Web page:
Tax Appeal May Bring Big Savings

by Lew Sichelman, Banker & Tradesman | January 22, 2023

Rising Property Values Will Drive Taxes Up

Property taxes are rising right along with the cost of food, gas and other necessities. One main difference: You won’t have to wait for inflation to come down to lower your property taxes. And you can do it all yourself. 

“Most people are under-assessed, but the market is changing,” said Alison Tulio of Incenter Tax Solutions, a company that appeals property tax assessments on behalf of homeowners. The company works with a network of 10,000 local appraisers and attorneys across the country. “Values are declining, which means more and more people will [soon] be over-assessed. That’s when you can appeal.” 

It’s not hard to protest your tax: Just follow the instructions that come along with your tax bill. I once did it. 

All I had to do was find out which houses were being used by the local assessor’s office as comparables for mine. Then I went to these houses, giving each of them a once-over to determine how they differed from my place. I couldn’t get inside, of course – didn’t even try – but the exterior differences were enough to make my case. 

Once equipped with my list, I made an appointment to discuss my findings on the phone. The woman on the call was very nice, listened to me politely, asked a few questions and said I’d be hearing from her office in due course.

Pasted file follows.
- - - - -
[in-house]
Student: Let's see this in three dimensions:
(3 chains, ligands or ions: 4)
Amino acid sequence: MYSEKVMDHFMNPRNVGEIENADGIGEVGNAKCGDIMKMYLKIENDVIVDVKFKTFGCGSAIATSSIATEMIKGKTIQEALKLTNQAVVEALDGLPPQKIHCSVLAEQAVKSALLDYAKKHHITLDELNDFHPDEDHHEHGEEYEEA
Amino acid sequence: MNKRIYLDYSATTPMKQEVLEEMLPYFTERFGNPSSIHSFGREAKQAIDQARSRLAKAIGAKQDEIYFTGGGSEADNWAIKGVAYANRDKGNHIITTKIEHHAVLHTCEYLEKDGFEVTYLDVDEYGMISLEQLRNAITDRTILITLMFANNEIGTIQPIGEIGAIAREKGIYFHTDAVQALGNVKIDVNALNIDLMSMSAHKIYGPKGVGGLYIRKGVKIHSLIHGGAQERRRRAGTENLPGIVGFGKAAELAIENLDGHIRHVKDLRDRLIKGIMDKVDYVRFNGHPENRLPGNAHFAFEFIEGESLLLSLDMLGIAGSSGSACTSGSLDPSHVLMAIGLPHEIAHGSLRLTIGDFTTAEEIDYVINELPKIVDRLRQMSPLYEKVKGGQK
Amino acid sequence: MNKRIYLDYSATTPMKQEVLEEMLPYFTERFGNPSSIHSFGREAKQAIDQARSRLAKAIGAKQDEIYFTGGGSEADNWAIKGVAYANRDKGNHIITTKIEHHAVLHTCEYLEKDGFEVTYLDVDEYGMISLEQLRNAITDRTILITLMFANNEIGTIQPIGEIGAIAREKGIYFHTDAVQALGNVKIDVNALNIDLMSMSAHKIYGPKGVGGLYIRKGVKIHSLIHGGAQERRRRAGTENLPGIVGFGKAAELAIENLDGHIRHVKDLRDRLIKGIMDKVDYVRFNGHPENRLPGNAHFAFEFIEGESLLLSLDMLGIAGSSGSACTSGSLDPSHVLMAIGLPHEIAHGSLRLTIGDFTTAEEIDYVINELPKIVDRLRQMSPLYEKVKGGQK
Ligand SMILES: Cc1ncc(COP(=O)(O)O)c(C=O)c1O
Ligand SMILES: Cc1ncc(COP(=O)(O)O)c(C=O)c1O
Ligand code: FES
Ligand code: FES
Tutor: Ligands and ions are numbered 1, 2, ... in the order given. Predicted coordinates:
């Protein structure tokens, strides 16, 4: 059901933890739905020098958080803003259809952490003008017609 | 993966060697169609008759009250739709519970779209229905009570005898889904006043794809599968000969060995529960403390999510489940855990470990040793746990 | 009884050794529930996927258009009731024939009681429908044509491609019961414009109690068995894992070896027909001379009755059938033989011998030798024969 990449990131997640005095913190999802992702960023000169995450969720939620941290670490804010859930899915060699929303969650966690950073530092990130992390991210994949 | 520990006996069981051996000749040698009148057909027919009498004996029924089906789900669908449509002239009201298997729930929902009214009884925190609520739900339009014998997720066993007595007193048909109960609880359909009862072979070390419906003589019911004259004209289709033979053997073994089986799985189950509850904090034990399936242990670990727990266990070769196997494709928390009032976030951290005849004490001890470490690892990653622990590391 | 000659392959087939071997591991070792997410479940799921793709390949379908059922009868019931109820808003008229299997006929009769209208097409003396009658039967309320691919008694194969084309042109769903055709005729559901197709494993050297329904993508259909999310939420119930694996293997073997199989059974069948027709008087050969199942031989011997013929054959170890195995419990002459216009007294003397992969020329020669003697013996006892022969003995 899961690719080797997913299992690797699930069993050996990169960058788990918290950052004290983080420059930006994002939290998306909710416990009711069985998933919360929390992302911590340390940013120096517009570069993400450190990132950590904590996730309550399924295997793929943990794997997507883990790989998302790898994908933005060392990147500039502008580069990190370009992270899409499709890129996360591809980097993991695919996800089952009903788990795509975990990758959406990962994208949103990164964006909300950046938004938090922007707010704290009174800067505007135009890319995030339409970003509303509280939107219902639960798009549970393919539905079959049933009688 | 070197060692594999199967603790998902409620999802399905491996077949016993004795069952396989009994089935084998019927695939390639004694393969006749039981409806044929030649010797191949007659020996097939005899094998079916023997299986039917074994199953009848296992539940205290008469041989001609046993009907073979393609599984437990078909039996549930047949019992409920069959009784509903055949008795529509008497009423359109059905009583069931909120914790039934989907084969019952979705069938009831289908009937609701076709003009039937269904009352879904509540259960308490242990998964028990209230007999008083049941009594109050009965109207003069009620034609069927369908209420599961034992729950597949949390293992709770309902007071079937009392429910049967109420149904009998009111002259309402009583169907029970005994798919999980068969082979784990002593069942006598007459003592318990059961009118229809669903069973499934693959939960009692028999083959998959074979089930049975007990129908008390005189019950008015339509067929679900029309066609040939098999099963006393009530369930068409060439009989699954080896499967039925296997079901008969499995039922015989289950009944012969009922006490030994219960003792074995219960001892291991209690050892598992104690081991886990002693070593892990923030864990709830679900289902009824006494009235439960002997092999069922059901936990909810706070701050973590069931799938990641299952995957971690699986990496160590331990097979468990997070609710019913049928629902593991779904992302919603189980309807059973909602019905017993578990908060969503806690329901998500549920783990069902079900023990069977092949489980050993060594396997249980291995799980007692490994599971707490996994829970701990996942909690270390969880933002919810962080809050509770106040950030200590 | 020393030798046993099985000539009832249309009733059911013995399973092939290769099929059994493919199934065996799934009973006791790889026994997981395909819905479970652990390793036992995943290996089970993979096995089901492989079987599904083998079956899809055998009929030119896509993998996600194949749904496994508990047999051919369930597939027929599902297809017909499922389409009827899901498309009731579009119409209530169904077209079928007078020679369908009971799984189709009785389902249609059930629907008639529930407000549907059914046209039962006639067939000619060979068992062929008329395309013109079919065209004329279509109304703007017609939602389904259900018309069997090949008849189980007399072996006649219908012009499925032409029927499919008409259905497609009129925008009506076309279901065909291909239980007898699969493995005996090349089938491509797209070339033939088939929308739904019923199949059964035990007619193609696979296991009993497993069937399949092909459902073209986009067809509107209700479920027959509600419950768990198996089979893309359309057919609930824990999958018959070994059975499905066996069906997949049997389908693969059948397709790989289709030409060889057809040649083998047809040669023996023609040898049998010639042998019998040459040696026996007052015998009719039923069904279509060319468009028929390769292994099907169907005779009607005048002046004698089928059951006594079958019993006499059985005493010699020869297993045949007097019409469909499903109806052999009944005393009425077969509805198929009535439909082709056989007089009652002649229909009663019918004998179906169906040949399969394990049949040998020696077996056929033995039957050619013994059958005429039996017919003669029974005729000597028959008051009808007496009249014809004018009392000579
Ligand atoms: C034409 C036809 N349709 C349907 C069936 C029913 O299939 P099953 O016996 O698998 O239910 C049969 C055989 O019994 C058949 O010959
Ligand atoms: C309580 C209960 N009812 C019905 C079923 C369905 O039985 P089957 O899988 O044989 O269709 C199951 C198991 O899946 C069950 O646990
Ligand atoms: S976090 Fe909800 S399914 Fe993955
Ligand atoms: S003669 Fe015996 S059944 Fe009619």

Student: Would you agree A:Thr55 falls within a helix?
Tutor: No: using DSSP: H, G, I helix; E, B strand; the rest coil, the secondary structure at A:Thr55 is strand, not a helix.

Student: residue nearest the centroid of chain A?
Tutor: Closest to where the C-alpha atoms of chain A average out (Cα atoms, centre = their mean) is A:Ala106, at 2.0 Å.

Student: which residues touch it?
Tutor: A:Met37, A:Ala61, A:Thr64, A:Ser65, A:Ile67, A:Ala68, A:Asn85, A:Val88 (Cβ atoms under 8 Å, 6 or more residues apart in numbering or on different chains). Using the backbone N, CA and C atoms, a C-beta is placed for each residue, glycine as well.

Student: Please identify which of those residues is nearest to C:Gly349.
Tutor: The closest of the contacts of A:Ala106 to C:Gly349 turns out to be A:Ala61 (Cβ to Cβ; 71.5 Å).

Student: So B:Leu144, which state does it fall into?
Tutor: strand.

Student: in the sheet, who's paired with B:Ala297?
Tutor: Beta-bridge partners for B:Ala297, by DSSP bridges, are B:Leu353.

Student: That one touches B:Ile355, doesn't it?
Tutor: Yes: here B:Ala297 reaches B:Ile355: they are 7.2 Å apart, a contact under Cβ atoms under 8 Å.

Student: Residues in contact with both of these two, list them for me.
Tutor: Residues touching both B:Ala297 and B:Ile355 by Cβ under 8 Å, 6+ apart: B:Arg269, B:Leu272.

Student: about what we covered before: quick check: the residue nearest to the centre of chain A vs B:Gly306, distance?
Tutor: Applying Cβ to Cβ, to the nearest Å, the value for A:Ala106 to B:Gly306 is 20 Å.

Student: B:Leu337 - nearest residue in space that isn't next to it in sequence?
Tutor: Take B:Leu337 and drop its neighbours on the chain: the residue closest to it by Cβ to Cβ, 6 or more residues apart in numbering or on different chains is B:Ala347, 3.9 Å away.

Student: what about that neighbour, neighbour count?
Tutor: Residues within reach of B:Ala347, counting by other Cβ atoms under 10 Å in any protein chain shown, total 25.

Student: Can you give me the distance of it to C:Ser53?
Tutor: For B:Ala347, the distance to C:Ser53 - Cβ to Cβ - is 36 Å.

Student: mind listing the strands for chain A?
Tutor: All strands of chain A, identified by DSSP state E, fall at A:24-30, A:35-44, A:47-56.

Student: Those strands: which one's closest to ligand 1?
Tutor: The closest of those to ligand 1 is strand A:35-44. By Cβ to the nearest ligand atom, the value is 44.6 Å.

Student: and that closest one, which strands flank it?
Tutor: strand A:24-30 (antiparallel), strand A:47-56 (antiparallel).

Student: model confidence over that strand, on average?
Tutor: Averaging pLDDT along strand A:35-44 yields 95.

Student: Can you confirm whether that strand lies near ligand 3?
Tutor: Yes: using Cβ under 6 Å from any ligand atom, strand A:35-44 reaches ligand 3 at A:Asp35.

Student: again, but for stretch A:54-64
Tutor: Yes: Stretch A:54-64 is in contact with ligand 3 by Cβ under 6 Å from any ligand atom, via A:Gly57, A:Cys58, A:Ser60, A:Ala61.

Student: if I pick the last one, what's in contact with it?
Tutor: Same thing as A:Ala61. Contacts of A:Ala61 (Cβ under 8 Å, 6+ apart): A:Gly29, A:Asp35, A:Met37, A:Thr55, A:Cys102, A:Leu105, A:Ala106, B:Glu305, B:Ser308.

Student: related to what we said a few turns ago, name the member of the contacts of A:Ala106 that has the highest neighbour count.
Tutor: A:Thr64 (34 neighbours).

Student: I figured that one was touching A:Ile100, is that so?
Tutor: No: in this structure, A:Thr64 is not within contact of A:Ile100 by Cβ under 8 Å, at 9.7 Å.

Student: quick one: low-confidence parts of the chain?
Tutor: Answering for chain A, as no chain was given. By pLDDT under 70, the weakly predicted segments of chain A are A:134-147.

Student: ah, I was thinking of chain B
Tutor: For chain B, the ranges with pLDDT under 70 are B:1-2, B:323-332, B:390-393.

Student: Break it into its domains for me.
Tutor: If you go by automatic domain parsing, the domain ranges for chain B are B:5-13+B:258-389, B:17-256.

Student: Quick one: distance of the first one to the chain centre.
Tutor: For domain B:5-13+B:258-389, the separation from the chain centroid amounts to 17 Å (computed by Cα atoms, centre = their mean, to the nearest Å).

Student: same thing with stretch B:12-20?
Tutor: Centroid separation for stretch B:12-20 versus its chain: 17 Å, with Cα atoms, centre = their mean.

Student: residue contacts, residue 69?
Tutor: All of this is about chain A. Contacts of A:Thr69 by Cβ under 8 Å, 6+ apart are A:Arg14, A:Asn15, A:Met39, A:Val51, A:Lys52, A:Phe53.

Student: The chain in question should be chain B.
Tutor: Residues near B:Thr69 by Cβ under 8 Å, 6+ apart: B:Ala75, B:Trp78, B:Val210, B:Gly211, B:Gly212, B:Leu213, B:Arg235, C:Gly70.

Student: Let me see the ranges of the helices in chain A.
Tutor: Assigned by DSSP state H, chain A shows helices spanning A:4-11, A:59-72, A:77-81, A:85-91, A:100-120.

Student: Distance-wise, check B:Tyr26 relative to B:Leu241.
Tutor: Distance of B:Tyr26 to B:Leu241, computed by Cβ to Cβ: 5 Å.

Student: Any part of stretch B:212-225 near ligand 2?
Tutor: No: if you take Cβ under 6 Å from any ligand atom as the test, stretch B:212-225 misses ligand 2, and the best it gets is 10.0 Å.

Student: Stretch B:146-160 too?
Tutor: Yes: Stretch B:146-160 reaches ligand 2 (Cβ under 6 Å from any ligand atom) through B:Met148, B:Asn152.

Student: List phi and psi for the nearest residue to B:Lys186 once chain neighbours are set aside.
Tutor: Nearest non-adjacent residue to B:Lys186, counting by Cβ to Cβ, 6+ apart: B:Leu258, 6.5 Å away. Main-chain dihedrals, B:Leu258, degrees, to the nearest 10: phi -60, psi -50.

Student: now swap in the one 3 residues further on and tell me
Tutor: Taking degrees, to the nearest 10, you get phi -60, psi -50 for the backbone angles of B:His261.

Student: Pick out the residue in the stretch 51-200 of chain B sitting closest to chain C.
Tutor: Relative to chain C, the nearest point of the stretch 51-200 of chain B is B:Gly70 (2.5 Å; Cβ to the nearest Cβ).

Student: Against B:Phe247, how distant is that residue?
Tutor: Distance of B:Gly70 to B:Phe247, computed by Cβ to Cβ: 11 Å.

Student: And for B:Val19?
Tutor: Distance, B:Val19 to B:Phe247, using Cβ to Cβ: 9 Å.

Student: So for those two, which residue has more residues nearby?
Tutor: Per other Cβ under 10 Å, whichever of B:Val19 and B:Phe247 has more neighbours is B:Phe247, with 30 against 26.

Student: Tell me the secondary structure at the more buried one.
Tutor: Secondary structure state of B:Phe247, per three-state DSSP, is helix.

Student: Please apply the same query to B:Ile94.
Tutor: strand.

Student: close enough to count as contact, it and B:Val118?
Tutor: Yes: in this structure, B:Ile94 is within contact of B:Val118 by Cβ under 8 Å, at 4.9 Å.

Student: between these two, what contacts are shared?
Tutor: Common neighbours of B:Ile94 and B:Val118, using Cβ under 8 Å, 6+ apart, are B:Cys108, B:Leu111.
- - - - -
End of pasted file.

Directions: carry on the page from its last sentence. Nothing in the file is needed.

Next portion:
A few weeks later, I received a letter telling me the assessment had been lowered. I don’t remember by how much, but it was sizable enough for me to think it was well worth the little bit of time and trouble I put in. 

Hire Some Help 

If you’re too busy to do the spade work yourself, there are companies that help people object to their high tax bills. They’ll do the research and make the case on your behalf, following the rules of your county. 

What’s more, they claim an extremely high success rate. Since it launched in 2021, Incenter claims a 93 percent success rate for residential appeals and 98 percent winning percentage for commercial properties. The company said that last year, it cut its residential clients’ tax bills by about $4,000, on average. 

Of course, there’s a fee involved. In Incenter’s case, there’s no charge to review a case and no charge if the appeal is not successful. If the company wins your case, though, you owe half of the first year’s savings. Every year after that, the savings are all yours because your house will continue to be taxed at a lower figure until it’s reassessed. 

There are plenty of local outfits that will appeal your property tax, including some lenders and real estate brokers. Tulio herself appealed tariffs for hundreds of property owners in Pennsylvania and New Jersey before becoming Incenter’s president. But her company is one of the few national firms offering the service.  

Again, though, you can always file an appeal on your own. Tulio said it is incumbent upon all homeowners to check their tax bills every year. If you think you were over-assessed, you should file an appeal, with or without professional help. 

Read the rest of the article at Banker & Tradesman

More from

Alison Tulio, Esq.